All of this could seem like a gateway to the worst kind of subjectivism. If the listener creates the meaning of a musical work from memories of his own emotions, how could we ever establish an agreement on the meaning of a musical work, or on the relative quality of different pieces? The future is not quite so bleak, however, for our musical impressions can be changed. To present us with new ways of thinking of a musical work, in fact, is precisely the role of the critic. The critic's reading of a piece of music, if convincing, can become part of our mental furniture, changing the way we hear the piece forever. Less plausible readings may influence a few, but in the long run fail to convince. In this way, our initial judgments of works give way to better-informed readings, until each listener is eventually able to serve as his own critic, distinguishing genuinely affective music from the merely sentimental.
Scruton's book could really have ended at the point I've just reached in my summary, as the bulk of his work is to develop this theory of musical meaning and to defend it against all comers. For better or for worse, however, Scruton appends a further three chapters on musical analysis, on performance practice, and on musical culture, which could practically have come out of a different book. Where the bulk of the book moves slowly and methodically, with the glacial force of deductive argument, these last chapters read like Scruton's journalism: pithy, readable, and extremely controversial. Those of you who find Scruton's brand of cultural conservatism uncongenial are advised to proceed with caution: if you disagree that the songs of REM consist of "shapeless cries" draped over "the last sad skeleton of rhythm," for example, you might find yourself becoming offended. I myself was flabbergasted at Scruton's dated attack on the early music movement:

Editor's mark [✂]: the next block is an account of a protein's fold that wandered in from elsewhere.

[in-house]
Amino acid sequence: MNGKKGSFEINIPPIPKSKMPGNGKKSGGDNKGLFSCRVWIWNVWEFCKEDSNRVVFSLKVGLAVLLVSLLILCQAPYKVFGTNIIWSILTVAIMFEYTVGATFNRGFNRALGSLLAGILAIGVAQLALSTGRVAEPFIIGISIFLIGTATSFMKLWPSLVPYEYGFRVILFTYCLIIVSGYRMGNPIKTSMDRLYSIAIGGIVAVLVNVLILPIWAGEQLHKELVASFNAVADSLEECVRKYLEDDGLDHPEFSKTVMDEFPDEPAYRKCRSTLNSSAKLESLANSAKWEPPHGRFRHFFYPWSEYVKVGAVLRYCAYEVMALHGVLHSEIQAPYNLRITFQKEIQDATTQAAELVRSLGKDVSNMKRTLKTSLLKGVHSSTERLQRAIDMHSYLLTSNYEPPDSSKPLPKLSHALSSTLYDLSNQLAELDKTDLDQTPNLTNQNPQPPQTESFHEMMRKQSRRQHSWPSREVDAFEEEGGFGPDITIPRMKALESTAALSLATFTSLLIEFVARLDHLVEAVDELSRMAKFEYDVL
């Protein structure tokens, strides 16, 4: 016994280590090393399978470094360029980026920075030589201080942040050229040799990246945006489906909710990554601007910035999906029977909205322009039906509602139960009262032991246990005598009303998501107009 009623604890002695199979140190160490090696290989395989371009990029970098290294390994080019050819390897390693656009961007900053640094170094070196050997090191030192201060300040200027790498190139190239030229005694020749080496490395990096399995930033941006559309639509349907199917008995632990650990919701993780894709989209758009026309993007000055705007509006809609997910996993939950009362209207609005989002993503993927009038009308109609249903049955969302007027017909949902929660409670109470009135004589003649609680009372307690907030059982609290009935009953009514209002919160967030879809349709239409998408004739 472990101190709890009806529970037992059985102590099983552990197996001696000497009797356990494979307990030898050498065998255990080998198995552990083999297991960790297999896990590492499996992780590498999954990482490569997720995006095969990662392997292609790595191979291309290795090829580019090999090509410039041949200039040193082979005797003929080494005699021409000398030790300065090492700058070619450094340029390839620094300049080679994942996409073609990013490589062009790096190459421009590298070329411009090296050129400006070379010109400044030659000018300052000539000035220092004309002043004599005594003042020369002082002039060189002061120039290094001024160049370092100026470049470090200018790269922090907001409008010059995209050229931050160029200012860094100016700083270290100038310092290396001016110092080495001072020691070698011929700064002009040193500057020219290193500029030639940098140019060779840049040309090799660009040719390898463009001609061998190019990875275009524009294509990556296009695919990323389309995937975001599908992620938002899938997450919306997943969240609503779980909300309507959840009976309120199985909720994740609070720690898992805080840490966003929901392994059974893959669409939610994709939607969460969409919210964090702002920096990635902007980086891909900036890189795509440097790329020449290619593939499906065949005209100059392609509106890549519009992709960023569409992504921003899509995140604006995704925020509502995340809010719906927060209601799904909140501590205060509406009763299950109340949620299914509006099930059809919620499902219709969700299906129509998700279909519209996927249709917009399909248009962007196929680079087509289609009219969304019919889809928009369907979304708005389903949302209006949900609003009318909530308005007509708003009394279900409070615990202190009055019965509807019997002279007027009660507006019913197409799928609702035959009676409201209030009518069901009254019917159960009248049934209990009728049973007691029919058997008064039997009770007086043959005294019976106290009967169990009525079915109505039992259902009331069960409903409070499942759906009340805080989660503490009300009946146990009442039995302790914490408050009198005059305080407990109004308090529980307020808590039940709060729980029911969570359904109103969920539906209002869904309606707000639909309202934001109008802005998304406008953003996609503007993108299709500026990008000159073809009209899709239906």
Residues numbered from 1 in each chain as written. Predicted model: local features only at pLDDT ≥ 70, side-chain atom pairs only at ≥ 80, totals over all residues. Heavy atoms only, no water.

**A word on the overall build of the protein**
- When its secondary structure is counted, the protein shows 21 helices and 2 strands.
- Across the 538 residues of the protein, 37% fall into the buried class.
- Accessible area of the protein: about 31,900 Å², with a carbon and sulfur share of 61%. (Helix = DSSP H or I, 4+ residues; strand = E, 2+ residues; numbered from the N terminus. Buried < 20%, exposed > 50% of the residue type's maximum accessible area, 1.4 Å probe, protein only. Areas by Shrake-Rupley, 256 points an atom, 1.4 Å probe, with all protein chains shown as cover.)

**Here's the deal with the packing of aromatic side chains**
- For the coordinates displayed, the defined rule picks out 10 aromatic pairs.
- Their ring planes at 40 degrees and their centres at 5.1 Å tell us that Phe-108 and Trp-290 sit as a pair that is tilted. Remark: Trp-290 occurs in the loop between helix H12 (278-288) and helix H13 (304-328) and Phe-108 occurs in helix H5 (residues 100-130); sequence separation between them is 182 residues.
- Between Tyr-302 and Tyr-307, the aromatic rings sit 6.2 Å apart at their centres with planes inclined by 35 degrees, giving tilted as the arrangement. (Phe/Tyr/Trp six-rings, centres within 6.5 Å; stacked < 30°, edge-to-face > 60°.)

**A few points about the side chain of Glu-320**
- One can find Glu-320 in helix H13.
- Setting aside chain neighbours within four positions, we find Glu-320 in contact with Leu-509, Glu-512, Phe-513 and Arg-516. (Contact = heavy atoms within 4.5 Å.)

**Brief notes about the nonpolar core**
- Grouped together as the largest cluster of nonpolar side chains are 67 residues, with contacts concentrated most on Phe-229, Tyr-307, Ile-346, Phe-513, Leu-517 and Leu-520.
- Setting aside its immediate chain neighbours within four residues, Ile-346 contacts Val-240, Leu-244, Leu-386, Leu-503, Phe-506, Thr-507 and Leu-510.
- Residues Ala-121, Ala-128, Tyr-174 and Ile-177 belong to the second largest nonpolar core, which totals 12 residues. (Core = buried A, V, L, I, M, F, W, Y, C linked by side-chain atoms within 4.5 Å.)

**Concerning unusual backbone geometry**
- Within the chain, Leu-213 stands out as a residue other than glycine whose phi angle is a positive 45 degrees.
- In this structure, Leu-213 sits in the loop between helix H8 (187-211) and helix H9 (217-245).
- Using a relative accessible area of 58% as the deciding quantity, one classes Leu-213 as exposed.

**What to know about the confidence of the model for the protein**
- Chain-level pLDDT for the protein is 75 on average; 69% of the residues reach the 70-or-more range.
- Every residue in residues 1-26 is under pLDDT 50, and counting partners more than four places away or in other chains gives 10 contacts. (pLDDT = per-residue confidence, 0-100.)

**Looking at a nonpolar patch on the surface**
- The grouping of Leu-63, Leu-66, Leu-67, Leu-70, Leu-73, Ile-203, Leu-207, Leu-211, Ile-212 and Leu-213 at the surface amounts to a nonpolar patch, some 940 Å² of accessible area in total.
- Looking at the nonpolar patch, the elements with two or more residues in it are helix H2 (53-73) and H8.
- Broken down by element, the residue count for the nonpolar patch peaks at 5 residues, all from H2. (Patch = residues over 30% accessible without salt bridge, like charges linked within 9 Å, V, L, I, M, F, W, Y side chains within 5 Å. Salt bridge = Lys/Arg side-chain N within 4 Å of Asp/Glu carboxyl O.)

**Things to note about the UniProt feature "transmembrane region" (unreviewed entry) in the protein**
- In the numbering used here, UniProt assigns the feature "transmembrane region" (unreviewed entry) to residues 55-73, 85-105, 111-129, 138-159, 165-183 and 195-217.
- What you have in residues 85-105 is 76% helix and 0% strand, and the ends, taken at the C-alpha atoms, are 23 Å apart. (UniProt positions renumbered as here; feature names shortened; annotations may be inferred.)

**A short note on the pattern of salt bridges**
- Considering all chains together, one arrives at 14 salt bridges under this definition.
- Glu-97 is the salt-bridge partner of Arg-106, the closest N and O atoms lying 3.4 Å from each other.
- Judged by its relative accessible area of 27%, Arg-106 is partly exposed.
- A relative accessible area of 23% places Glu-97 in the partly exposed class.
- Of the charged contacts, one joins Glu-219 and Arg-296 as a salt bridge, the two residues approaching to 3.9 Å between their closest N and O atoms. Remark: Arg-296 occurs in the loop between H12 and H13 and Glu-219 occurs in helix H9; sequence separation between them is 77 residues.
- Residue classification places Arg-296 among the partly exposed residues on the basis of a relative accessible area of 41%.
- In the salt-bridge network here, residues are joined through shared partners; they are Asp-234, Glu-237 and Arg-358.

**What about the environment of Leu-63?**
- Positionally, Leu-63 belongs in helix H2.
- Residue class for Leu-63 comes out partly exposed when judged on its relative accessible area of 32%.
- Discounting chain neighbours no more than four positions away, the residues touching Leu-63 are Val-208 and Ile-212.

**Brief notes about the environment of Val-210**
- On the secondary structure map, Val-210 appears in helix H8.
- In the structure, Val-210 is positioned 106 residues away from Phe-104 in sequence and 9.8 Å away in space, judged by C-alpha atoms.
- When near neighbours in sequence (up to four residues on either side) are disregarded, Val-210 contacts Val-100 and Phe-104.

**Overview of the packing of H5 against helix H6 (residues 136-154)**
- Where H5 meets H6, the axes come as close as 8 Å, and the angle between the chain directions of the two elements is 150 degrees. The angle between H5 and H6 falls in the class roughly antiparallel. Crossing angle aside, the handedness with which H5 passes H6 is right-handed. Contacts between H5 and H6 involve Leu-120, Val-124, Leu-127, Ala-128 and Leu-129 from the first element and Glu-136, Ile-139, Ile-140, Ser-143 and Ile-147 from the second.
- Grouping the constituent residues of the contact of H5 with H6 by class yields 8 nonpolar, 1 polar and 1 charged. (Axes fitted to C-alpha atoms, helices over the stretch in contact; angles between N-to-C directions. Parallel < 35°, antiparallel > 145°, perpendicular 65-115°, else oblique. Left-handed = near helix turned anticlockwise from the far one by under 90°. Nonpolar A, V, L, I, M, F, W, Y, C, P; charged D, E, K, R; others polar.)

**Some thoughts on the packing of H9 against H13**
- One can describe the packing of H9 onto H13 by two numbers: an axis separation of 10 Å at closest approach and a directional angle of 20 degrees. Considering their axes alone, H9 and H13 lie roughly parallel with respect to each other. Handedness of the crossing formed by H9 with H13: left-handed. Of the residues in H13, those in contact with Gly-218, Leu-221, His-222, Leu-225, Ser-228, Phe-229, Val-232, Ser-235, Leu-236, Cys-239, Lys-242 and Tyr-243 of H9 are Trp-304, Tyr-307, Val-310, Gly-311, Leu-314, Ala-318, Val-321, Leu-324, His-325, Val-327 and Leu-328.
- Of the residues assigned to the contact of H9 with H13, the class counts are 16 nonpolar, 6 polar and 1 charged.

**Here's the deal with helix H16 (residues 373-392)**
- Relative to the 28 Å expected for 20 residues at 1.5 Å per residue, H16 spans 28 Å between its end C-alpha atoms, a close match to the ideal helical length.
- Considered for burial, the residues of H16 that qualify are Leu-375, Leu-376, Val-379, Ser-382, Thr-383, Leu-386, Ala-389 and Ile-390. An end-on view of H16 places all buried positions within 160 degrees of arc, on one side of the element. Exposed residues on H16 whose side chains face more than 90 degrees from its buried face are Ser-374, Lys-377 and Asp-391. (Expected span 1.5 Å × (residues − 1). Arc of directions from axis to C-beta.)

The authentic performance is a kind of tacit reprimand of the audience. Listeners to Beethoven's Ninth, thinned with white spirit by Roger Norrington and painted in fast brush-strokes on the air, are meant to be shocked. They are meant to understand the vulgarity of their taste, in wanting the full-throated brass of a modern orchestra, and the silken saturation of ten- or twenty-fold strings.I consult the publication date: 1996. Nope, no excuse. In 1996, the early-music movement had moved far beyond the sort of lifeless, pedantic (and frequently out-of-tune) performance style that Scruton criticizes. Nowadays, listeners are likely to be seduced by the sheer tonal beauty of early-music performances: the richness of a gamba consort, the perfect intonation and blend of a small ensemble singing Renaissance polyphony, or the gravitas of a Silbermann organ.
Enough of this. Philosophy and cultural criticism are not the same thing, and The Aesthetics of Music will stand or fall as a work of philosophy. Anyone with the slightest interest in musical aesthetics owes it to themselves to read this, as it knocks almost every other book on the subject out of the ballpark.